On Thursday 24th October 2019 at the Energy Efficiency Expo in Melbourne, Jack Brown from the Department of Environment, Land, Water and Planning (DELWP) stated in his address to the conference that DELWP are re-considering lighting in the 2021-2025 target setting for the VEU. DELWP are basing their decision on the ‘business as usual’ (BAU) case. However, it was not clear if DELWP are planning on applying this to both commercial and residential activities and to what levels this could be applied.
It is also important to note:
– the DELWP ‘Regulation Impact Statement’ (RIS) is due out soon,
– there will be a consolation period to follow, and;
– the carbon abatement target for VEU needs to be set by May 2020.
‘Business As Usual’ (BAU) case explained
The BAU case is made up of a number of factors. These factors should be applied independently when considering their impact across energy efficiency schemes such as the VEU. This is based on the economies that apply to the VEU and in particular the basis that the VEU is an energy efficiency upgrades program.
Factors that apply to BAU
1 – New builds: BAU does apply to new builds. Most states and local governments apply requirements to new builds or renovations that a percentage of their lighting must be ‘energy efficient’.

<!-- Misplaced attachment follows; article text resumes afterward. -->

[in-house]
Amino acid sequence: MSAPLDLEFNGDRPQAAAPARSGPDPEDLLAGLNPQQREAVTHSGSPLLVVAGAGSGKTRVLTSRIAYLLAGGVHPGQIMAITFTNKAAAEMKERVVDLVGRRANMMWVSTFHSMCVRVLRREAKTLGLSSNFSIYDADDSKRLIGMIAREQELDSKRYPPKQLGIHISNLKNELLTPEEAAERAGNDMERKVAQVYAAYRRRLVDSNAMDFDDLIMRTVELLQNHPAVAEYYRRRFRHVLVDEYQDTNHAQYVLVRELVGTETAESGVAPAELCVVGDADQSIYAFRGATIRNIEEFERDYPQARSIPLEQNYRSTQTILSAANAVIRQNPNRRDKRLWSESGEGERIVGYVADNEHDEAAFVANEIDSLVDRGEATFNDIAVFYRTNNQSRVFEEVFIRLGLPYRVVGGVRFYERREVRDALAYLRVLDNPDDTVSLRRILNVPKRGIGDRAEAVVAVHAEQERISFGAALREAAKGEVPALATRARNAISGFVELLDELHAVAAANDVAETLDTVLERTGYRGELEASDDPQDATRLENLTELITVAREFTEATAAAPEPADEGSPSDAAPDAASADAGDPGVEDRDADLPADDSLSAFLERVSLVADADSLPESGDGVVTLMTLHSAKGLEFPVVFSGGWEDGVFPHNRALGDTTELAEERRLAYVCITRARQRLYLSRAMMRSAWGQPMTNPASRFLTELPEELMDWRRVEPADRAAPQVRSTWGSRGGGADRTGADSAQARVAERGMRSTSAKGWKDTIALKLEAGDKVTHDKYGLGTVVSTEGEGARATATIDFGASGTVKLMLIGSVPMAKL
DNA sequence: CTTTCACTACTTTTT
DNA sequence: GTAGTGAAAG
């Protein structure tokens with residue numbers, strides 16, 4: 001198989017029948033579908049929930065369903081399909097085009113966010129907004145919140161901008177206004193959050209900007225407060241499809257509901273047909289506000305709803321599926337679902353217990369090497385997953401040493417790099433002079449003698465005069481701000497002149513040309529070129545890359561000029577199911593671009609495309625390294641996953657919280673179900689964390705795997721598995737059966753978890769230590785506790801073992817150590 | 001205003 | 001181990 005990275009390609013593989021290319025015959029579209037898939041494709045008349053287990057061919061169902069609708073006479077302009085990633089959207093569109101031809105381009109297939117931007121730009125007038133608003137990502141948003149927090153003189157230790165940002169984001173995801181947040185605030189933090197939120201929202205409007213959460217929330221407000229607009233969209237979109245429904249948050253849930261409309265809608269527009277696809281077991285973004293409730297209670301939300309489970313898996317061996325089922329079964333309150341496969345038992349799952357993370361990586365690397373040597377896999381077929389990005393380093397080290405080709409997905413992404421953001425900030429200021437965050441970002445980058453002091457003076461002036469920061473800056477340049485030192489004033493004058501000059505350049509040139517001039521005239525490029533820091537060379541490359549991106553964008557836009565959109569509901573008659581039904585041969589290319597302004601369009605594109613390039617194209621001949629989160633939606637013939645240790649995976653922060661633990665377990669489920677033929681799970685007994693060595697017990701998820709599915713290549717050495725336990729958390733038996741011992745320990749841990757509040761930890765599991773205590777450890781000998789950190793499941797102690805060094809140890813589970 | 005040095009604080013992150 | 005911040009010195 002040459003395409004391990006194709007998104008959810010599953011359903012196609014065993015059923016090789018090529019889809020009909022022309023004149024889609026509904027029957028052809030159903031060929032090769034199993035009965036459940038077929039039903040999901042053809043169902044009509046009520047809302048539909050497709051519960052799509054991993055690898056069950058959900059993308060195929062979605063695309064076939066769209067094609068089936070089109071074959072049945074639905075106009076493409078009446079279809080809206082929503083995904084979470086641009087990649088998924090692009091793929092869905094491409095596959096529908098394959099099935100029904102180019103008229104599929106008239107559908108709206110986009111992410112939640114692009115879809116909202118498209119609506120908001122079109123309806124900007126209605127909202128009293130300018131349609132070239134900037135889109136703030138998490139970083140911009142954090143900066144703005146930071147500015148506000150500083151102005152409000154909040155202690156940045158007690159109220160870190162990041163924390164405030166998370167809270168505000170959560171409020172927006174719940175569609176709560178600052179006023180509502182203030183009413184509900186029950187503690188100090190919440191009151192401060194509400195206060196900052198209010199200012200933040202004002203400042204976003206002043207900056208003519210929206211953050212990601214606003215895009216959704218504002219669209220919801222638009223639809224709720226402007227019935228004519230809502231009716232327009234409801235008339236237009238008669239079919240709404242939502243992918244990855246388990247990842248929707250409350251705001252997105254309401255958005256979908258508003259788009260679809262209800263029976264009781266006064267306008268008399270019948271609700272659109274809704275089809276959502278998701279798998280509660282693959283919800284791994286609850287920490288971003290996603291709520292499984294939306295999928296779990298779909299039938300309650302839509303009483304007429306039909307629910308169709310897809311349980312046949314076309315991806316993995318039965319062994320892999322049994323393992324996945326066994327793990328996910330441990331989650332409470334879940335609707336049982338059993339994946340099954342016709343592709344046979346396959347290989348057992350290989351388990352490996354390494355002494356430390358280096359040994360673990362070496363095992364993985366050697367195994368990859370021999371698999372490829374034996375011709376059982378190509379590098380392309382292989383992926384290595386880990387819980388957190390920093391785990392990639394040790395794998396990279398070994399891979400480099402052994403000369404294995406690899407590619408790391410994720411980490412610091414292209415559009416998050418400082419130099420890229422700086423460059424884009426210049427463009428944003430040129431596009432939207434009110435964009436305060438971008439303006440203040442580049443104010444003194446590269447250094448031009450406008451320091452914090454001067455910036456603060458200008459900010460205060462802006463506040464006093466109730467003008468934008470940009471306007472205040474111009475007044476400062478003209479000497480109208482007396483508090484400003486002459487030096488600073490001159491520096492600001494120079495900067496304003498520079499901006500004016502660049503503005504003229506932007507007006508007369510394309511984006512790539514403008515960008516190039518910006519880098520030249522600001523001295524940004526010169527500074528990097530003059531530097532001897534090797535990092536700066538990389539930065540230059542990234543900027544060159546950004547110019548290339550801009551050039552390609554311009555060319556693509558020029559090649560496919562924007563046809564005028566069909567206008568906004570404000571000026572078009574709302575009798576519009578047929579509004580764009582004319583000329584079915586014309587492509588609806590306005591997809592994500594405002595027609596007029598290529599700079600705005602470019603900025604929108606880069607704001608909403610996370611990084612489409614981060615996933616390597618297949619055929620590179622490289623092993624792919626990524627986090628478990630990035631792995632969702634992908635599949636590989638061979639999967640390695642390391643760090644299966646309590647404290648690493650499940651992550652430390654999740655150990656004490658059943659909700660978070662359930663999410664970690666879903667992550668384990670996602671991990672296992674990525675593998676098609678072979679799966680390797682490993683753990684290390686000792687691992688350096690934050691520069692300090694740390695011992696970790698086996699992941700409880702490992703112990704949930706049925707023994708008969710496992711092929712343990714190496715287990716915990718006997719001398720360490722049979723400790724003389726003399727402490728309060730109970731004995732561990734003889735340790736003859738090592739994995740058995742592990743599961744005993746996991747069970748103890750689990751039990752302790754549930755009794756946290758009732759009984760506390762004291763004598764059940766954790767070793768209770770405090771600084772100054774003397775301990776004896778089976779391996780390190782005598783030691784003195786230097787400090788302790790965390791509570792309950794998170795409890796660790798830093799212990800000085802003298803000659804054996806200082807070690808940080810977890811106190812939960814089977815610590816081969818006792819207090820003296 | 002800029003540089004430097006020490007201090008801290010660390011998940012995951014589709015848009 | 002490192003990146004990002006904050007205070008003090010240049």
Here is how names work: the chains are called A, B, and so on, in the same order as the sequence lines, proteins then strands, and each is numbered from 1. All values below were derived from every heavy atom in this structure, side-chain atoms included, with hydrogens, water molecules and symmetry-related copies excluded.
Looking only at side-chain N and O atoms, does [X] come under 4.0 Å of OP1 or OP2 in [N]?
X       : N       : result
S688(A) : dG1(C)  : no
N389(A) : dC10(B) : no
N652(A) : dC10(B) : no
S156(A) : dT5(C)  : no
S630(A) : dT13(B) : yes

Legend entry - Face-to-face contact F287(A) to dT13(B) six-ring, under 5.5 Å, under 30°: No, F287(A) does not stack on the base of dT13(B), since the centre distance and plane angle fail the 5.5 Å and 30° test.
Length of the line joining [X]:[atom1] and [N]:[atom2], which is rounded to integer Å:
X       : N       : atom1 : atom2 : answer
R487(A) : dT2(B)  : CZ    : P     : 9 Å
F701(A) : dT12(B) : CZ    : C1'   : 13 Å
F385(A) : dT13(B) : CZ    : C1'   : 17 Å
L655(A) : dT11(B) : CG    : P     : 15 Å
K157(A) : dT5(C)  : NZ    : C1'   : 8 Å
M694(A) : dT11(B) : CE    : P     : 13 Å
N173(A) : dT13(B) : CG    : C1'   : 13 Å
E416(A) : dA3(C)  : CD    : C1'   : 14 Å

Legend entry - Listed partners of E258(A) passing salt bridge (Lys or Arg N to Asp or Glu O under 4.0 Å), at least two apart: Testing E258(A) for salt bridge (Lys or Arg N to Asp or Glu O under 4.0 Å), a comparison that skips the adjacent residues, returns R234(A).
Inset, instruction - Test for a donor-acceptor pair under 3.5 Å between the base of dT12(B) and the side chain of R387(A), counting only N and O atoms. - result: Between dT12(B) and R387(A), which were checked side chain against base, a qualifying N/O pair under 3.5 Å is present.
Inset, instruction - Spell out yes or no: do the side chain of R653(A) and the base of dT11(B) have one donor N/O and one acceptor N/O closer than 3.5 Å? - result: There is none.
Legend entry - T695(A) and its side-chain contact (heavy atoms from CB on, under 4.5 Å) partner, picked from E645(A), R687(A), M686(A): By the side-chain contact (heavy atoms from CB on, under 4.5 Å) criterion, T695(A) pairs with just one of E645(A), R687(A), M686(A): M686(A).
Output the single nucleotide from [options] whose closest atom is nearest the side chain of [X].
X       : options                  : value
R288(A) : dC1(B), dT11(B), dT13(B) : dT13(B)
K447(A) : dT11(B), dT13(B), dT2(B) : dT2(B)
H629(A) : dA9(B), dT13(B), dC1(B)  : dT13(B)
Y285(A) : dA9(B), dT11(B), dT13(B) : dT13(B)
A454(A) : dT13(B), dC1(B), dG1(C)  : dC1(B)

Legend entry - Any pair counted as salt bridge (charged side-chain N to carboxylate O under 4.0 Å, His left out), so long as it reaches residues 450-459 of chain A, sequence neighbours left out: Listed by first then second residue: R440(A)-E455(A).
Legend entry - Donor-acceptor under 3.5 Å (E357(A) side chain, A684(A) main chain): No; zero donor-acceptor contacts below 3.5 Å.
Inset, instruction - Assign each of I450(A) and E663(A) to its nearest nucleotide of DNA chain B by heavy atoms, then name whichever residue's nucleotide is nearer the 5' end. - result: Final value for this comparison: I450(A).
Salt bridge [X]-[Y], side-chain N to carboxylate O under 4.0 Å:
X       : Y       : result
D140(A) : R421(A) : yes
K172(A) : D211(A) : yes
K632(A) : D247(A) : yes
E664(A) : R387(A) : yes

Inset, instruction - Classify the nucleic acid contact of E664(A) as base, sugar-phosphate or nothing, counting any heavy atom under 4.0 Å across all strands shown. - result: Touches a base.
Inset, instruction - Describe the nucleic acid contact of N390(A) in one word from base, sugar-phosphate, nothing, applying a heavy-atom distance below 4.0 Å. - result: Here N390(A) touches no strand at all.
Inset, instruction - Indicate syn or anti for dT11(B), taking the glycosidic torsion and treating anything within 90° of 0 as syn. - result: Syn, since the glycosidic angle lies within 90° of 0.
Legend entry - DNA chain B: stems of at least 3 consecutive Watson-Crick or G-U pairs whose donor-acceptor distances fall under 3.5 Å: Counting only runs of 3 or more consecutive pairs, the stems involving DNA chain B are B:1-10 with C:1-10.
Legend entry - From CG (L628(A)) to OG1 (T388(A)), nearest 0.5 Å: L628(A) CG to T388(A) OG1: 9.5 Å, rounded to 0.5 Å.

2 – Natural upgrades: the ‘natural upgrade’ factor assumes consumers are upgrading their lighting ‘naturally”, as a matter of course without the support of an energy efficiency scheme.
– Residential lighting upgrade: the average Australian home has 37 Lights. At an average of $65per LED light installed, this is a total cost of approximately $2,000.
– Commercial lighting upgrade: office scenario – 100 fluorescent troffers to be replaced with LED panels. At an average of $80.00 per LED light installed, this is a total cost of approximately $8,000.
– Commercial lighting upgrade: warehouse scenario – 100 metal halide high-bays to be replaced with LED high-bays. At an average of $400 per LED light installed, this is a total cost of approximately $40,000.
On this basis, the BAU case should not be applied to lighting ‘upgrades’
In a struggling economic climate, residentially and commercially, these types of ‘BAU’ upgrades have very low take-up without financial support (via government energy efficiency schemes). This is often due to the payback periods being too long and the capital outlay being too high. This is evidenced in Queensland, a state where there is no deemed energy efficiency scheme and very low take-up in lighting upgrade activity. Furthermore, in South Australian’s Retailer Energy Efficiency Scheme (REES), customer contributions are higher. The Essential Services Commission of SA (ESCOSA) are proposing the removal of the 900Gj cap on commercial installations to help stimulate lighting upgrade activity by removing the barrier of the initial capital outlay.
More details to follow next week…